Why did the monster storm end with a whimper?

If you’re wondering what happened to the ferocious windstorm that transfixed Western Washington as it approached last weekend, you’re not alone.

Squalls that breezed through Whatcom County overnight Saturday, Oct. 15, through Sunday, Oct. 16, seemed like a typical fall bluster, not the catastrophic blast that Seattle-based meteorologists had feared.

“We wish we knew why” the storm veered out to sea, National Weather Service meteorologist Jay Neher said Monday. “It just tracked farther west.”

It was a fake ending, a fizzle, a flat-out disappointment considering the four-day buildup as TV, newspapers, websites and social media shared the concerns of meteorologists who warned that the storm – the second of a one-two punch of severe weather that was part of a monster low-pressure system spun off Typhoon Songda – had the potential to cause widespread catastrophic damage.

Forecasters gave it a one-third chance of directly hitting Whatcom County, and warned residents to prepare for the worst. But the ominous-looking superstorm had a greater chance of skirting the Puget Sound region and pummeling western Vancouver Island instead, which it did.

A headline writer at the Vancouver (B.C.) Sun newspaper called it a “tempest in a teapot.”

As it turned out, the storm that hit Whatcom County on Saturday night was much less powerful than the first storm, which roared through Friday afternoon with gusts of more than 60 mph, toppling a few trees and limbs and knocking out power to several thousand Puget Sound Energy customers.

At its worst from 7-8 p.m. Saturday, the storm packed sustained winds of 30 mph with gusts to 46 mph and barely an inch of rain in a 24-hour period, as recorded at Bellingham International Airport. At Sandy Point, north of Bellingham, traditionally one of lowland Whatcom County’s breezier locations, a top gust of 49 mph hit at 5:30 p.m. Saturday, Neher said.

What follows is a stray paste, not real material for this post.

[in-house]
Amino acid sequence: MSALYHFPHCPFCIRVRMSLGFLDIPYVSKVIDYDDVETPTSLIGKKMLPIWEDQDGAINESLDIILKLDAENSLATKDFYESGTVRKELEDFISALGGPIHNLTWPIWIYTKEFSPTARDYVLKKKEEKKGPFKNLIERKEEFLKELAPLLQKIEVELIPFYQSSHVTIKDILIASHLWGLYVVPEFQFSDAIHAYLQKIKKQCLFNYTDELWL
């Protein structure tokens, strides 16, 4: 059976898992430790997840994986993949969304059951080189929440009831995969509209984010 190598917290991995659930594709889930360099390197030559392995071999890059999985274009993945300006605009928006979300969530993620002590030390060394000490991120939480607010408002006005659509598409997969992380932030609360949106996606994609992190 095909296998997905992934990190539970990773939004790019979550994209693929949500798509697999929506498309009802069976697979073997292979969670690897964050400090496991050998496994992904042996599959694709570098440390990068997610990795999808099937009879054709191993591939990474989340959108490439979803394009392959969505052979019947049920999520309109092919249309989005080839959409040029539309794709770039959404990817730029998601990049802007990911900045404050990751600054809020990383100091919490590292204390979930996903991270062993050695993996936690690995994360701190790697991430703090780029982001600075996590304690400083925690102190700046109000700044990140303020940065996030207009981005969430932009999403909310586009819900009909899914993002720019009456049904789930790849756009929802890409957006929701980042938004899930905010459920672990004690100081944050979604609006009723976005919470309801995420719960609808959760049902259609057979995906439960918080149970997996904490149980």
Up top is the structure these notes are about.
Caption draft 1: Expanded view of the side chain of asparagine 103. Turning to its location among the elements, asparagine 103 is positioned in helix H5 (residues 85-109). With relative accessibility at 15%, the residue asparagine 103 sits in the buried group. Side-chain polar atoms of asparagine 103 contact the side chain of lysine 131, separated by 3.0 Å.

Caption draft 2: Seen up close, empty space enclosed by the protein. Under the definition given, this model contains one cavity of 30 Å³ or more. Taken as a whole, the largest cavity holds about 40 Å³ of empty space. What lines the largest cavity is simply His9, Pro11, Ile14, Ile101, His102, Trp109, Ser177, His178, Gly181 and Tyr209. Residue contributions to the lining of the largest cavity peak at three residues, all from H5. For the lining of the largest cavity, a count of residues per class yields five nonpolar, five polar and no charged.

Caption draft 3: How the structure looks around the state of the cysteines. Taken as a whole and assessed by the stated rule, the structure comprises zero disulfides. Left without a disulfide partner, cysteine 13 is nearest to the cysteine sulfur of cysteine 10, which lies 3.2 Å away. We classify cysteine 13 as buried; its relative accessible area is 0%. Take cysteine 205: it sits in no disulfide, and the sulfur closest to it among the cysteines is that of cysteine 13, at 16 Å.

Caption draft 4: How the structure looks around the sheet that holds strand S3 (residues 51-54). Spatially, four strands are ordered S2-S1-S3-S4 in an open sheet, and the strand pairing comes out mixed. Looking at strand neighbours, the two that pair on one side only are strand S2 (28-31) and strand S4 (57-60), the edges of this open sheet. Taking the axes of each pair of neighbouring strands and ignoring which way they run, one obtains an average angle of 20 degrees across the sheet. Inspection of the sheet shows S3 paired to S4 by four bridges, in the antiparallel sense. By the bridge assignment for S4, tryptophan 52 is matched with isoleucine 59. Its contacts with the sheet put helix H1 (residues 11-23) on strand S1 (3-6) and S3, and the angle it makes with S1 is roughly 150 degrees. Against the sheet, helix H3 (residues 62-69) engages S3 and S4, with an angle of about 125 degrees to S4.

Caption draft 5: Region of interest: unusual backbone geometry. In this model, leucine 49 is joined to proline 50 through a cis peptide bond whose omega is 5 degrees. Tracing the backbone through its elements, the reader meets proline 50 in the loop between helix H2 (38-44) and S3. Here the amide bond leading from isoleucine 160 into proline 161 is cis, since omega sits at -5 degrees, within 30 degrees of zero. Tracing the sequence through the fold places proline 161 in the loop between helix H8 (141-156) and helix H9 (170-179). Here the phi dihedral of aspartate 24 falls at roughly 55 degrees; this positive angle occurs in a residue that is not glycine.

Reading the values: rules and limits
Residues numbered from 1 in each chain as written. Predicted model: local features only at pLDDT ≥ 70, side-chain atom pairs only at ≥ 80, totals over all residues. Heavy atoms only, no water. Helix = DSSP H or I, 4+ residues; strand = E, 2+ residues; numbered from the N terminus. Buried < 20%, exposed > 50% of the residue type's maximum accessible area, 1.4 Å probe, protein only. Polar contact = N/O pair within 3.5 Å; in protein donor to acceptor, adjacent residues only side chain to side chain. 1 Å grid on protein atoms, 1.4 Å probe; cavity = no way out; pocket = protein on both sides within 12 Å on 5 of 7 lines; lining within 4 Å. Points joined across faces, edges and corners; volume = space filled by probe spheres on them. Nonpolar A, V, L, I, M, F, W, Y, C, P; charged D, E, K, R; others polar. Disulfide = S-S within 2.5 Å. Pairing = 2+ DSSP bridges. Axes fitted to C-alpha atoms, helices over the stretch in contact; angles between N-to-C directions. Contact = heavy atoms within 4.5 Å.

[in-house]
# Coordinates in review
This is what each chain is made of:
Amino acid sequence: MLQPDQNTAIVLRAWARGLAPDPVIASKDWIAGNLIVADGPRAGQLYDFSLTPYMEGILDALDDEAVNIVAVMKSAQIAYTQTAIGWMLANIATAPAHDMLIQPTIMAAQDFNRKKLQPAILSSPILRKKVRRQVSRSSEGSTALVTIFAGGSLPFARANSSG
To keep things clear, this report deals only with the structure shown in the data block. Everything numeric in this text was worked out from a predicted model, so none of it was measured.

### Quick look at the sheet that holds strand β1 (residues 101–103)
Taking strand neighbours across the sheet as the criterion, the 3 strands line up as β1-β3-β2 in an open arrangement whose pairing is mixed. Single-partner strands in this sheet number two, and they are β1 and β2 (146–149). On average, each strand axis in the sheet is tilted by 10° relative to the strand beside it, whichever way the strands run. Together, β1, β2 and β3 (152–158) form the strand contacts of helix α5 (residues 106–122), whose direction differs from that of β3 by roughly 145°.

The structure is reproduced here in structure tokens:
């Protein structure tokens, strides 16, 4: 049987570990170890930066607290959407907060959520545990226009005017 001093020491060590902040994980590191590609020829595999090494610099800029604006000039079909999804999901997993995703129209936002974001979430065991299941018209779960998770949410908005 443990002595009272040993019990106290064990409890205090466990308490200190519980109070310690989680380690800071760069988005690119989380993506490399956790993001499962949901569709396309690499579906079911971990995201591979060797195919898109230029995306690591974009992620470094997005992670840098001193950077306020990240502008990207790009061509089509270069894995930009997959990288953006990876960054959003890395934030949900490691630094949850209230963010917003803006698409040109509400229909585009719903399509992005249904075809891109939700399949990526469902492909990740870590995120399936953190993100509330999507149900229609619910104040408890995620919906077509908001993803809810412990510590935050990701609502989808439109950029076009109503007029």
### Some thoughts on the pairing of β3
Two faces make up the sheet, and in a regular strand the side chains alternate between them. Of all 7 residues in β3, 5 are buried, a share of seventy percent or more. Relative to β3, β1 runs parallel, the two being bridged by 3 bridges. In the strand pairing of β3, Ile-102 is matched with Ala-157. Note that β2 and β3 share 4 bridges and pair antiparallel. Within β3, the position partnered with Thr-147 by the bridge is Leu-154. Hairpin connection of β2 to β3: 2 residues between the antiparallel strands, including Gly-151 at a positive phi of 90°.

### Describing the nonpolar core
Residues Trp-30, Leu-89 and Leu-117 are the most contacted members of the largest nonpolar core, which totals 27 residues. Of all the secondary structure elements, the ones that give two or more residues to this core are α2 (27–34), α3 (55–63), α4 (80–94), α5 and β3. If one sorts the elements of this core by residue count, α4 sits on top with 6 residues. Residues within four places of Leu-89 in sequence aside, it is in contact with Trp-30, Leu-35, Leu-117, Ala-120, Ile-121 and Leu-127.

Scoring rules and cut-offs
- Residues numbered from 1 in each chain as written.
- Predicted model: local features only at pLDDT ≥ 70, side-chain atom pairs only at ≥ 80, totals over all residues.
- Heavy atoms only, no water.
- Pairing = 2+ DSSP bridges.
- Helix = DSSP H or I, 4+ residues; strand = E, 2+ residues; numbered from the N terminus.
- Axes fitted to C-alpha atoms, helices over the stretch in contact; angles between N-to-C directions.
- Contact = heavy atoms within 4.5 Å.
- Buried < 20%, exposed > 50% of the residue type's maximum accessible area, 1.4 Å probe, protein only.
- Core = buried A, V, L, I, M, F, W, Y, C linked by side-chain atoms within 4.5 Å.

Neher pointed to a statement on the weather service’s Facebook page:

“Yes, our forecast did not turn out as predicted. We are not pleased about it either. Post-storm assessments allow us to evaluate our forecasts to determine ways in which we can improve. These assessments are especially critical when our forecast does not turn out as expected.

“We hope that you do not ignore future warnings or distrust our forecasts because of this event. Although weather models, the technology, and the science are constantly improving, there is still an aspect of unpredictability in weather forecasting.”

Even so, many people took the worst-case scenario seriously, as public works officials and emergency managers made plans for a major disaster. Residents stocked up on canned goods, bottled water and batteries. Several weekend events were canceled.

Environment Canada told the CBC that it’s not easy to accurately forecast major weather events. “You think the forecast was wrong, where the uncertainty was there from the get-go,” said Environment Canada senior climatologist David Phillips.

Now that the storm has passed, Western Washington residents can look forward to a week of even more typical fall weather as gray skies are forecast through Sunday with rain or showers each day and highs in the upper 50s and lows in the upper 40s and low 50s.

Robert Mittendorf: 360-756-2805, @BhamMitty